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Opinion

March 20, 2017

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Verify the verified

Verify the verified

My interaction with various government departments, spread over the past many years, created an opportunity to frequently run into and befriend a gentleman called a ‘notary public’.

Located close to a foreign embassy, along the kerb on a raised footpath, a table, a chair and a bench define the boundary of his makeshift office. Seals and stamps of various shapes and sizes, hot wax, official ‘stamp papers’ and some basic stationary enable him to provide key inputs to an otherwise dysfunctional bureaucracy.

A few stamps, seals, signs and scribbles by the ‘notary public’ can magically transform any ordinary piece of paper into a completely legal, attested and officious document. Attestation is a myth propagated by the government and accepted by the vast majority. The government makes money by the sale of stamp papers. The notary public makes money by affixing his stamps and signatures.

The helpless common man is the only one who loses money, wastes time and gets a run-around. One could question why ordinary citizens need to have their documents attested by a ‘first class gazetted officer’. Why can they not be attested by a peon, gardener, housewife or an individual himself?

Consider a recent example of the attestation madness. Two brothers, ‘X’ and ‘Y’ wanted to sell a piece of inherited land. ‘X’ lived in Karachi and ‘Y’ lived in Canada, while the piece of land was located in a village near Jhelum. It was figured out that either ‘Y’ would need to personally visit Pakistan or send a general ‘Power of Attorney’ (POA) to enable his brother ‘X’ to act on his behalf. ‘Y’ opted to prepare a POA in favour of ‘X’, placed his photograph, attached a photocopy of his CNIC, signed every page and had the POA sent to ‘X’ in Karachi.

‘X’ was delighted to receive the POA and was all set to leave for Jhelum to execute the next step in the process. His enthusiasm however took a nosedive when told by a friend that the POA was not worth the piece of paper on which it was inscribed. The POA had to be ‘attested’ by Pakistan’s embassy in Canada in order to be considered a valid document. The document was sent back to Canada where it was duly baptised by the Pakistani embassy and returned to ‘X’ after about three weeks.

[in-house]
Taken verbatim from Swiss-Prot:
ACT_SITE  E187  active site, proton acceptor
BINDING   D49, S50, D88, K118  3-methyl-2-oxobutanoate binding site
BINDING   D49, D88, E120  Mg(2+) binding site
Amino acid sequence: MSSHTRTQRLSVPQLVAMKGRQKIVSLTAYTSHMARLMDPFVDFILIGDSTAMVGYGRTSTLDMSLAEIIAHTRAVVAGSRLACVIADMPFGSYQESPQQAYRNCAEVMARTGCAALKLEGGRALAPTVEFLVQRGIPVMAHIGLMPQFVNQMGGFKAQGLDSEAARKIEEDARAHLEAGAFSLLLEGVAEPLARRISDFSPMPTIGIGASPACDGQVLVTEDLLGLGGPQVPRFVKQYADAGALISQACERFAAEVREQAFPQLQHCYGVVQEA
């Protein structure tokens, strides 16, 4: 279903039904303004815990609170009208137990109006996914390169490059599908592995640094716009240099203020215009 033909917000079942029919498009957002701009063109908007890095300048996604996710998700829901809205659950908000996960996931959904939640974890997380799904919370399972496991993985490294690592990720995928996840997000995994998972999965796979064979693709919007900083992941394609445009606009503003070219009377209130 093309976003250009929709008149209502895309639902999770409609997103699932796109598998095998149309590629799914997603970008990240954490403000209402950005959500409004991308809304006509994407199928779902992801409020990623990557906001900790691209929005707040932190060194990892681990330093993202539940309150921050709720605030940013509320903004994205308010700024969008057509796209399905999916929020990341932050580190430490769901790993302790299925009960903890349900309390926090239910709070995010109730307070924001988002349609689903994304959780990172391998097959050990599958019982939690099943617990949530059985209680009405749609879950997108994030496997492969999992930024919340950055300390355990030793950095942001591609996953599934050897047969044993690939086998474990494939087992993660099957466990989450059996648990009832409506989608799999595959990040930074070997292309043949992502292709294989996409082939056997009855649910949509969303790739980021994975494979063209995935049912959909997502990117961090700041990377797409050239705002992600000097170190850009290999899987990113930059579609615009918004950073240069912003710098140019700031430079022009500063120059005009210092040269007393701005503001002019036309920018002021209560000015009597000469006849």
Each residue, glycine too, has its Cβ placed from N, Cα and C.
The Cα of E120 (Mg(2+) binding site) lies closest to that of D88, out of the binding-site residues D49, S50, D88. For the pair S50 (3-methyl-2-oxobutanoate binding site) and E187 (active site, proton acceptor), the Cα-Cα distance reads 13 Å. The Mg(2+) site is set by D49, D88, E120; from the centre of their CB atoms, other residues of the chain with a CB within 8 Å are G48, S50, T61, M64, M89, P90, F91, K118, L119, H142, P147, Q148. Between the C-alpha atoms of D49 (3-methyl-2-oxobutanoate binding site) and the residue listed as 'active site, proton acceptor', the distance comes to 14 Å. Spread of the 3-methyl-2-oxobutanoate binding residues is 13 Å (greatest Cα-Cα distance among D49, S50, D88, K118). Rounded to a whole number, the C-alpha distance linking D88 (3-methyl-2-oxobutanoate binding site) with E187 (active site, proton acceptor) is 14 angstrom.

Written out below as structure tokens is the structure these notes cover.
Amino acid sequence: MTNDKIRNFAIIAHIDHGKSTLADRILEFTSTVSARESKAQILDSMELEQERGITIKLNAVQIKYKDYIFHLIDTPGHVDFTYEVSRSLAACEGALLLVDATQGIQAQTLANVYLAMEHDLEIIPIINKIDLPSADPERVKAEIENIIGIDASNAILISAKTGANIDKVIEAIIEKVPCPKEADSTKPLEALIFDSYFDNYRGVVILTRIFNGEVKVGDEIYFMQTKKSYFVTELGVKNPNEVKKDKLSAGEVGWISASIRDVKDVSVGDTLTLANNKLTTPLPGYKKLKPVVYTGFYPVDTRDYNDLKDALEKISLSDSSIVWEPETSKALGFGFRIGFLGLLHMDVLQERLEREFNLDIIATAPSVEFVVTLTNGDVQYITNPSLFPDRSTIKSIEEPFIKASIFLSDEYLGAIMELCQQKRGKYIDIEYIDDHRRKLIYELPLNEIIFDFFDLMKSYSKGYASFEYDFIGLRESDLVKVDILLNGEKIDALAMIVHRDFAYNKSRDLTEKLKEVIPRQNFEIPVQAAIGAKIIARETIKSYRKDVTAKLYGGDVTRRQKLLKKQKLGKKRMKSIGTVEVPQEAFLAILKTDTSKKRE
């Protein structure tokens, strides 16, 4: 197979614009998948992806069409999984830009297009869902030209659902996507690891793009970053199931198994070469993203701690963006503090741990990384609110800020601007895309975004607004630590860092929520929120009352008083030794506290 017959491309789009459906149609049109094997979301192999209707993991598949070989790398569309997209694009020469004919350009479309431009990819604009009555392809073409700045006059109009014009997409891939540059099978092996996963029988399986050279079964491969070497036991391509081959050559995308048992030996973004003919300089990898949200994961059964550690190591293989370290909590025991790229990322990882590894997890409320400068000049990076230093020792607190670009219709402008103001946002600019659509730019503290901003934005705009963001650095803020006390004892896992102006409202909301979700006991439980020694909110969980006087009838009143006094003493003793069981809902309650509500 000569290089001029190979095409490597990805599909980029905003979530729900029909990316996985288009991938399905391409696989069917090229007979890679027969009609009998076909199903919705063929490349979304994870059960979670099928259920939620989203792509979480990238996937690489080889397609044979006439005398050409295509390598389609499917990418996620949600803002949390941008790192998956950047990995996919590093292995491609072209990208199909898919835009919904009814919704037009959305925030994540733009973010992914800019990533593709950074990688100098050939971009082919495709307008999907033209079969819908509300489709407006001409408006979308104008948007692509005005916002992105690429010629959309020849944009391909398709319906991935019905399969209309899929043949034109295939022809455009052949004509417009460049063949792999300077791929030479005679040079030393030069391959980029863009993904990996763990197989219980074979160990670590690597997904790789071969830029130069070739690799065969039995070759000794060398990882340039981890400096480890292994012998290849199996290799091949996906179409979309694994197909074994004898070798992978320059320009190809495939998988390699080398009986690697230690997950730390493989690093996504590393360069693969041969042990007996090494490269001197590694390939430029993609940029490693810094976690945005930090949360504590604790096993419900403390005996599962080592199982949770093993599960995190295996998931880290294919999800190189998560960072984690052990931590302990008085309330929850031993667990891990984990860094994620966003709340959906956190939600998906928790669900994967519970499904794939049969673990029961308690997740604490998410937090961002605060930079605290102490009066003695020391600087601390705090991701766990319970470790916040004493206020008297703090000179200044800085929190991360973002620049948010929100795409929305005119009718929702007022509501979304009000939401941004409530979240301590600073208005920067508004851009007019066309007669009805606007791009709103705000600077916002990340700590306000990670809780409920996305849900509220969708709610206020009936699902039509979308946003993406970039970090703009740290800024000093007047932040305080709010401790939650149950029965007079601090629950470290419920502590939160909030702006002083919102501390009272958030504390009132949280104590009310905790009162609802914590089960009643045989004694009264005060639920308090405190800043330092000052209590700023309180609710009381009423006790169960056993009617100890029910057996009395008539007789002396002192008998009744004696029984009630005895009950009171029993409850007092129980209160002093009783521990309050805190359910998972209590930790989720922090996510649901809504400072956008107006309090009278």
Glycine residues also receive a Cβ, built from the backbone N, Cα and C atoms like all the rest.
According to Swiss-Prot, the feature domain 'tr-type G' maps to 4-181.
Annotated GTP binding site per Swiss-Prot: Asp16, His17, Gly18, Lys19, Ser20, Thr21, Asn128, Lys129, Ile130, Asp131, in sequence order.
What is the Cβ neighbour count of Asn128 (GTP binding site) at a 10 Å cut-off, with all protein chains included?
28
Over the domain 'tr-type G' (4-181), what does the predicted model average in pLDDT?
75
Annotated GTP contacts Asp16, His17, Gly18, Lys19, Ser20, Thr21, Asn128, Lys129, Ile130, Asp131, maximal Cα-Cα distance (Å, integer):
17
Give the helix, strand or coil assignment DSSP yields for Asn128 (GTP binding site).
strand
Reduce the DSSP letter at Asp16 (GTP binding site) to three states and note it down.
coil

At this stage it was discovered that the attestation of the POA by the Pakistani embassy in Canada was essential but not adequate. The document required further attestation/verification by the Foreign Office in Karachi. When approached, the FO confirmed the absolute necessity of this re-verification, but stated that it could not do so until after receiving confirmation from the original source – the embassy in Canada.

Left with no choice, ‘X’ waited for a week before going back to the Karachi Foreign Office. Luckily, the confirmation from Canada had arrived and the POA was duly signed, stamped and registered by the Karachi FO. By now, the POA had almost become holy, with the double distinction of having been attested by Pakistan’s embassy in Canada as well as the Foreign Office in Karachi.

‘X’ promptly left for Jhelum the very next day and confidently presented the twice attested POA to the office clerk at the Jhelum sub-registrar’s office. “But this POA is no good. It needs re-verification from the Karachi Foreign Office”, said the clerk after examining the document for some 30 seconds. “Sure, but that has already been done”, replied ‘X’ confidently. “ Yes, but what we now need is to reconfirm if the Karachi Foreign Office has indeed verified the document. For this we will send them a letter asking them to verify if it was true that they had in fact verified this particular POA. Only after we receive their confirmation will we be willing to register your POA in our office”, came the reply. The letter was most aptly titled: ‘Verify the verified’.

How come it never occurs to the government of Pakistan that attesting the same document three times is absurd and preposterous? Except for the unimaginable torture to common citizens It adds no value to the process. A simple ‘read only’ database, simultaneously accessible to all embassies abroad, foreign offices at home and the sub-registrar offices in Pakistan could be created to completely eliminate the second and the third attestation.

It is time for Pakistan to reduce the misery of its citizens. There ought to be no need for any ‘notary public’ or ‘gazetted officer’ attestation. Where required, a citizen should attest his/her own documents. It should be for the government to create its own mechanisms to determine if a document is true or false. In today’s world of technology and databases, creating systems to verify the validity of documents could be accomplished in a matter of weeks and not months.

The writer is a management systems consultant and a freelance writer on social issues.

Email: [email protected]

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